for those of you who missed it, bluering and the chief have just proposed that we spend a few hundred billions of taxpayer dollars creating a lake or two that will inundate the i5 corridor and other related infrastructure along the low points of the sj. valley.

they've also just revealed that neither of them can read a topo map.

or possibly that they've just really drunk.

Fine. Let's just spend 10 times more on a train that goes though the area we don't need. That's a sober idea. Especially when everybody is bitching about water shortages.

How much would it cost to build reservoirs in that area? Since you're such a sober genius you prolly have the figures right at your hands. Although it is late.

You don't think we can build reservoirs on that line? I doubt you. It can be done. It 's a long area, just find the right spot.

And even if it has to be dug, it is still worth it in the long term.
Dingus Milktoast

Gym climber
U.N. Ambassador, Crackistan
Topic Author's Reply - Feb 14, 2014 - 09:40am PT
How much would it cost to build reservoirs in that area? Since you're such a sober genius you prolly have the figures right at your hands. Although it is late.

You don't think we can build reservoirs on that line? I doubt you. It can be done. It 's a long area, just find the right spot.

And even if it has to be dug, it is still worth it in the long term.

Doesn't matter how many reservoirs are built, they will get used to capacity sooner rather than later. Folks complain about population, TOO MANY PEOPLE!!!11111

What do you think MORE WATER will do for the population of California?

I've written before about Sites, the area and canyon in Colusa County that Schwarzenegger's government proposed and the state water agency wants to drown to slake SoCal and Westlands Water district ag user thirst. Its a beautiful area with old school ranches, what this part of California used to look like.

Why drown yet another valley to slake a thirst that cannot be sated? How many more valleys must die before people learn the lesson. Try not to panic, do some breathing or something. Unsound decisions are made from this fear, witness Iraq and Afghanistan debacles - lurching, ridiculous, panic-laden reactions to fear. So the reservoirs are low? So some ag users will have to let their trees die? So fricking what?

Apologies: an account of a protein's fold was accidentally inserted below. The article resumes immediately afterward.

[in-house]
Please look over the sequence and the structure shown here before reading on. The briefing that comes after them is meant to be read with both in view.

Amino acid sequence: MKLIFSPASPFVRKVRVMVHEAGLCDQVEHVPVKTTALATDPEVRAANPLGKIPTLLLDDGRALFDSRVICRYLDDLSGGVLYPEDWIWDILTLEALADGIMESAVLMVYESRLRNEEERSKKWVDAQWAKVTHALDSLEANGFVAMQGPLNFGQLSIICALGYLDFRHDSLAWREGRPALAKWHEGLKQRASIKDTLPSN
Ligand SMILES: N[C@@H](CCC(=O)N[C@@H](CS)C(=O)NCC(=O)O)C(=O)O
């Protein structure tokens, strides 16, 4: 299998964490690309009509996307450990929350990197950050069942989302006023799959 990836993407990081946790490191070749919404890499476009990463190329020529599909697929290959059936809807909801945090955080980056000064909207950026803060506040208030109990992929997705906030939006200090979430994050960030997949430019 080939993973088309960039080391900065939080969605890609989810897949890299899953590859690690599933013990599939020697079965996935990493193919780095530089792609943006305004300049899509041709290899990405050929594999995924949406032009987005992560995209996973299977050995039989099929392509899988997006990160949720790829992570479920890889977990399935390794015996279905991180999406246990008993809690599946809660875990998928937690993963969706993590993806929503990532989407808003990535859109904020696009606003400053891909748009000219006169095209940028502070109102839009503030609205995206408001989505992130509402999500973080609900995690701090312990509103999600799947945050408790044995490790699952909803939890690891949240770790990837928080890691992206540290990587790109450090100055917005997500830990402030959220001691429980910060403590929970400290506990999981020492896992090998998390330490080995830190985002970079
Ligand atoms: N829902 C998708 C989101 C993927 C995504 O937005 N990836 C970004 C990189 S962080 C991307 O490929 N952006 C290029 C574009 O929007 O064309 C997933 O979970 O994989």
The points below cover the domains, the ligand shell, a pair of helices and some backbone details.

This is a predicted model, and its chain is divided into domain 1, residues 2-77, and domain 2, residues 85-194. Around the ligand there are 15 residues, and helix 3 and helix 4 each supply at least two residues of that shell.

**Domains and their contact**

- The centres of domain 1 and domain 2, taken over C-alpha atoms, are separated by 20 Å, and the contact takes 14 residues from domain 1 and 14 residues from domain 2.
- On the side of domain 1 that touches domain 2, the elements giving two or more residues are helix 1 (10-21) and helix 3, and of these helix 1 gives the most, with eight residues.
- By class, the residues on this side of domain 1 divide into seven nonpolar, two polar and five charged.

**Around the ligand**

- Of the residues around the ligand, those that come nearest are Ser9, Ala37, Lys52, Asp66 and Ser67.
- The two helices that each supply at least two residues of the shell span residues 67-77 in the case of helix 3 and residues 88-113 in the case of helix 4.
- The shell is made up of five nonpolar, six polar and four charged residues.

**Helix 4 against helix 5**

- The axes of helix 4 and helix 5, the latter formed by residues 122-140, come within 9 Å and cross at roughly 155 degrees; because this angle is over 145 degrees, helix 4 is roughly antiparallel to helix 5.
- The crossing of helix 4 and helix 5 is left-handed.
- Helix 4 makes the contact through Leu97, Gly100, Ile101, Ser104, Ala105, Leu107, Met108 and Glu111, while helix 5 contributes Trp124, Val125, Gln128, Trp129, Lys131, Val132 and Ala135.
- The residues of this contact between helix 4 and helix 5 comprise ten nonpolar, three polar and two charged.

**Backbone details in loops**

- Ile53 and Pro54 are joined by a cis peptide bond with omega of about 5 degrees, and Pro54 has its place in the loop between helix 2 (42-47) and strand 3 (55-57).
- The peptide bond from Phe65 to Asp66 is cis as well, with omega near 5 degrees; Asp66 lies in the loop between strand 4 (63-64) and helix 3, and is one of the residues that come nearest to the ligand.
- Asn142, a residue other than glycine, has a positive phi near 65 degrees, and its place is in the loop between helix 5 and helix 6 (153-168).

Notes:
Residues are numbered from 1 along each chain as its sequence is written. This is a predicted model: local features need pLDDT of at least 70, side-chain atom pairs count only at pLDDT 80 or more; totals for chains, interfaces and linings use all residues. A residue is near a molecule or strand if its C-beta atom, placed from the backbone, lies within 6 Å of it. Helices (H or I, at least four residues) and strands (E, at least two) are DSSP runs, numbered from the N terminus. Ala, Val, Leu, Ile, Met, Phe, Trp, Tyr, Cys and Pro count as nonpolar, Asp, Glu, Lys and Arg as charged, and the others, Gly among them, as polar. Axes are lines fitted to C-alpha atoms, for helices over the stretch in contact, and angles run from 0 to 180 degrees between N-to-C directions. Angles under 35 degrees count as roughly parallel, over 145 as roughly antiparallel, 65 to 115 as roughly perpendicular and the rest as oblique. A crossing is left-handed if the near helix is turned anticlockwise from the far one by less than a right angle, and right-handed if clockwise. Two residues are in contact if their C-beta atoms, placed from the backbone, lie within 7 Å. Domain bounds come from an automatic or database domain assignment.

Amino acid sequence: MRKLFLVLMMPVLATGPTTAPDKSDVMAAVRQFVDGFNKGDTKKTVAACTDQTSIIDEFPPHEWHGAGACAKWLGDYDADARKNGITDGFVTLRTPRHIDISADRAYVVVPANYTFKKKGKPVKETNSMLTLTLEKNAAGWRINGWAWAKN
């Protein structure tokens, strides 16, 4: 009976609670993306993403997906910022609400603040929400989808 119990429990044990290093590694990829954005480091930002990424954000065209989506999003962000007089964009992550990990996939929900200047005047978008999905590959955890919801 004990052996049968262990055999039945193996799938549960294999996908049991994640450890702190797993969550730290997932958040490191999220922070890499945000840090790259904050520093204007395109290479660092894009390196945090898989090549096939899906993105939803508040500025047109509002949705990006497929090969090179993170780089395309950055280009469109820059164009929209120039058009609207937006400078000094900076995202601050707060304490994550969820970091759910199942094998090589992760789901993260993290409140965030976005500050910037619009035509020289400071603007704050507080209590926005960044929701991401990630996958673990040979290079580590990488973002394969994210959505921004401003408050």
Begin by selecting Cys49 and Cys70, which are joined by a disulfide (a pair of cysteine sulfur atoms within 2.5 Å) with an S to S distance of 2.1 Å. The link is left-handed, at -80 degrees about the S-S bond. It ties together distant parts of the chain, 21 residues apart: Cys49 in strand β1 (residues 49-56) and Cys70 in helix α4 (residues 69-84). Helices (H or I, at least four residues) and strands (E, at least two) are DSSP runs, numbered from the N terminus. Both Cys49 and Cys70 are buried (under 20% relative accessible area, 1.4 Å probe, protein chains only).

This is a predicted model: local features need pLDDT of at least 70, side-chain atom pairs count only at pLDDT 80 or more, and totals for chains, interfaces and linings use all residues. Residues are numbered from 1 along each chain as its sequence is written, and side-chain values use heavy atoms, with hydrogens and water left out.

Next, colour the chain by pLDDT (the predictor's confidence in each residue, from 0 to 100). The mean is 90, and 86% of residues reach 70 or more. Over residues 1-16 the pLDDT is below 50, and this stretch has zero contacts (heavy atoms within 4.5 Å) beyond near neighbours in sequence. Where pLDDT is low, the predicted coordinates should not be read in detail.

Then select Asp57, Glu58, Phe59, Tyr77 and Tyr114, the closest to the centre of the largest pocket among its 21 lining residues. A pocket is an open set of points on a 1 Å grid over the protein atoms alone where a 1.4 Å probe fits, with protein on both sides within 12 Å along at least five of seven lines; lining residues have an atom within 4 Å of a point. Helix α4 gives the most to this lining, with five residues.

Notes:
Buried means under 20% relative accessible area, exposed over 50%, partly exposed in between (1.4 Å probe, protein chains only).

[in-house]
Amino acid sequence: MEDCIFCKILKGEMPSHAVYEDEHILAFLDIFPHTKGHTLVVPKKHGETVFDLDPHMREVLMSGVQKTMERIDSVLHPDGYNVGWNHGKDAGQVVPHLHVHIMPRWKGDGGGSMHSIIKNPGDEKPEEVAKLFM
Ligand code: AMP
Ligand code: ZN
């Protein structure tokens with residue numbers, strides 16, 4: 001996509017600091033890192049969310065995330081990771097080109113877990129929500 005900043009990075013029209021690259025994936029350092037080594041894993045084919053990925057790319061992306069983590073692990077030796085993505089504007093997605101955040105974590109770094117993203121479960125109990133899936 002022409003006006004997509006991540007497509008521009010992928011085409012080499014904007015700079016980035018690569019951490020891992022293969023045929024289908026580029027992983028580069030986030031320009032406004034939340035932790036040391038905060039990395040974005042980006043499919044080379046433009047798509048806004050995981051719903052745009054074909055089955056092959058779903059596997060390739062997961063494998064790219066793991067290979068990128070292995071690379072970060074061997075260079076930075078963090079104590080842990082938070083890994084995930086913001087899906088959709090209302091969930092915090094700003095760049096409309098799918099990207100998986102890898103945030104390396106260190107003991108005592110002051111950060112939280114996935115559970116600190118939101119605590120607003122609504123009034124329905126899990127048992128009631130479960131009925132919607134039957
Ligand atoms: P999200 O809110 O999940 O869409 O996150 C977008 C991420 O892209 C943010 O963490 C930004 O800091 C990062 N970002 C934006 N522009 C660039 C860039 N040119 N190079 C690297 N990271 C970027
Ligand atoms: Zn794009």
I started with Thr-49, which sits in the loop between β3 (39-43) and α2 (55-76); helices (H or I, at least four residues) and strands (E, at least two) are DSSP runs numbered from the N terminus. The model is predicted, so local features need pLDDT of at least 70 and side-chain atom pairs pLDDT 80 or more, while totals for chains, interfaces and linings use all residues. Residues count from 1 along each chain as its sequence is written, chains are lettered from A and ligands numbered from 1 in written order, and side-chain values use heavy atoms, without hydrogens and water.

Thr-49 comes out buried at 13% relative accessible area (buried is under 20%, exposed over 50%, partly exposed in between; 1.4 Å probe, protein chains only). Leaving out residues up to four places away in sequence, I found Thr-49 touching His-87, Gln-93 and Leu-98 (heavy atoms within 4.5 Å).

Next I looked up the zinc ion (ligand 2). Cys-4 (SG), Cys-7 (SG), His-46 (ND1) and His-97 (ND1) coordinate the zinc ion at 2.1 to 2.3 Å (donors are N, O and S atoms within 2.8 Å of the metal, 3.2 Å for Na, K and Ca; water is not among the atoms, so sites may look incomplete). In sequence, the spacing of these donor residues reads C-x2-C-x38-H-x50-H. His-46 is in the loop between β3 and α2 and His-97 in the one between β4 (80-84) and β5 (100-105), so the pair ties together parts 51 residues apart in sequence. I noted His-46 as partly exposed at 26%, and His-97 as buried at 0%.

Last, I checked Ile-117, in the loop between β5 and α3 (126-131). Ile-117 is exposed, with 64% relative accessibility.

Ground storage does seem to be the way.

DMT
Dingus Milktoast

Gym climber
U.N. Ambassador, Crackistan
Topic Author's Reply - Feb 14, 2014 - 11:06am PT
I heard about an interesting project down in the Panoche water district - San Joaquin valley west side. This is an area served by the Delta Mendota canal - Trinity River water shipped to a desert region with no natural drainage.

can-this-solar-desalination-startup-solve-california-water-woes

Hopefully this thing won't be the same blight as that Mojave solar power generation thing (but I have my doubts).

DMT
Dingus Milktoast

Gym climber
U.N. Ambassador, Crackistan
Topic Author's Reply - Feb 14, 2014 - 11:18am PT
Well its not like building the largest wind farm in the US at a major junction of the Pacific flyway migration route (ie Altamont Pass)... but yeah, a blight nevertheless.

DMT
moosedrool

climber
Stair climber, lost, far away from Poland
Feb 14, 2014 - 11:42am PT
I told you, go nuclear!

Andrzej
Dingus Milktoast

Gym climber
U.N. Ambassador, Crackistan
Topic Author's Reply - Feb 14, 2014 - 11:53am PT
You mean... in some cases, DOING NOTHING is better than doing ANYTHING?

Have to agree with you right there.

That's twice now, that I've agreed with you on some point or other.

There's hope for you yet!

DMT
Dingus Milktoast

Gym climber
U.N. Ambassador, Crackistan
Topic Author's Reply - Feb 14, 2014 - 12:15pm PT
moosey demonstrates our sin (and mother Russia's too)

Lol.

DMT
moosedrool

climber
Stair climber, lost, far away from Poland
Feb 14, 2014 - 12:17pm PT
Energy of the future will most likely be a space-based solar power plant.

One would hope.

I an torn about the nuclear power, to tell the truth. France an Belgium use it as their primary energy source, so it can be done. On the other hand, when just one plant blows up, it can be a total disaster.

Andrzej
Ken M

Mountain climber
Los Angeles, Ca
Feb 14, 2014 - 12:23pm PT
Rainwater capture is also promising. In just one large rainstorm, 10 billion gallons of runoff, one twentieth of our yearly need, end up in the Pacific Ocean. The technology to capture large quantities is not quite developed, but people are working on it.
http://ideas.time.com/2013/10/11/how-los-angeles-can-become-water-independent/#ixzz2tGzoDzN2


Bingo.... what solution/s are "they" working on?

Here is an example in this short video, "Free Water":

http://www.youtube.com/watch?v=4aQrZtG-LVg
landcruiserbob

Trad climber
PUAKO, BIG ISLAND Kohala Coast
Feb 14, 2014 - 12:27pm PT
Water politics, whoever is deeper in the wave has the right of way....tired of people dropping in on me with no knowledge of wave etiquette ...
FRUMY

Trad climber
Bishop,CA
Feb 14, 2014 - 01:29pm PT
& how many radiation leaks has france had in the last ten years?

At least 4.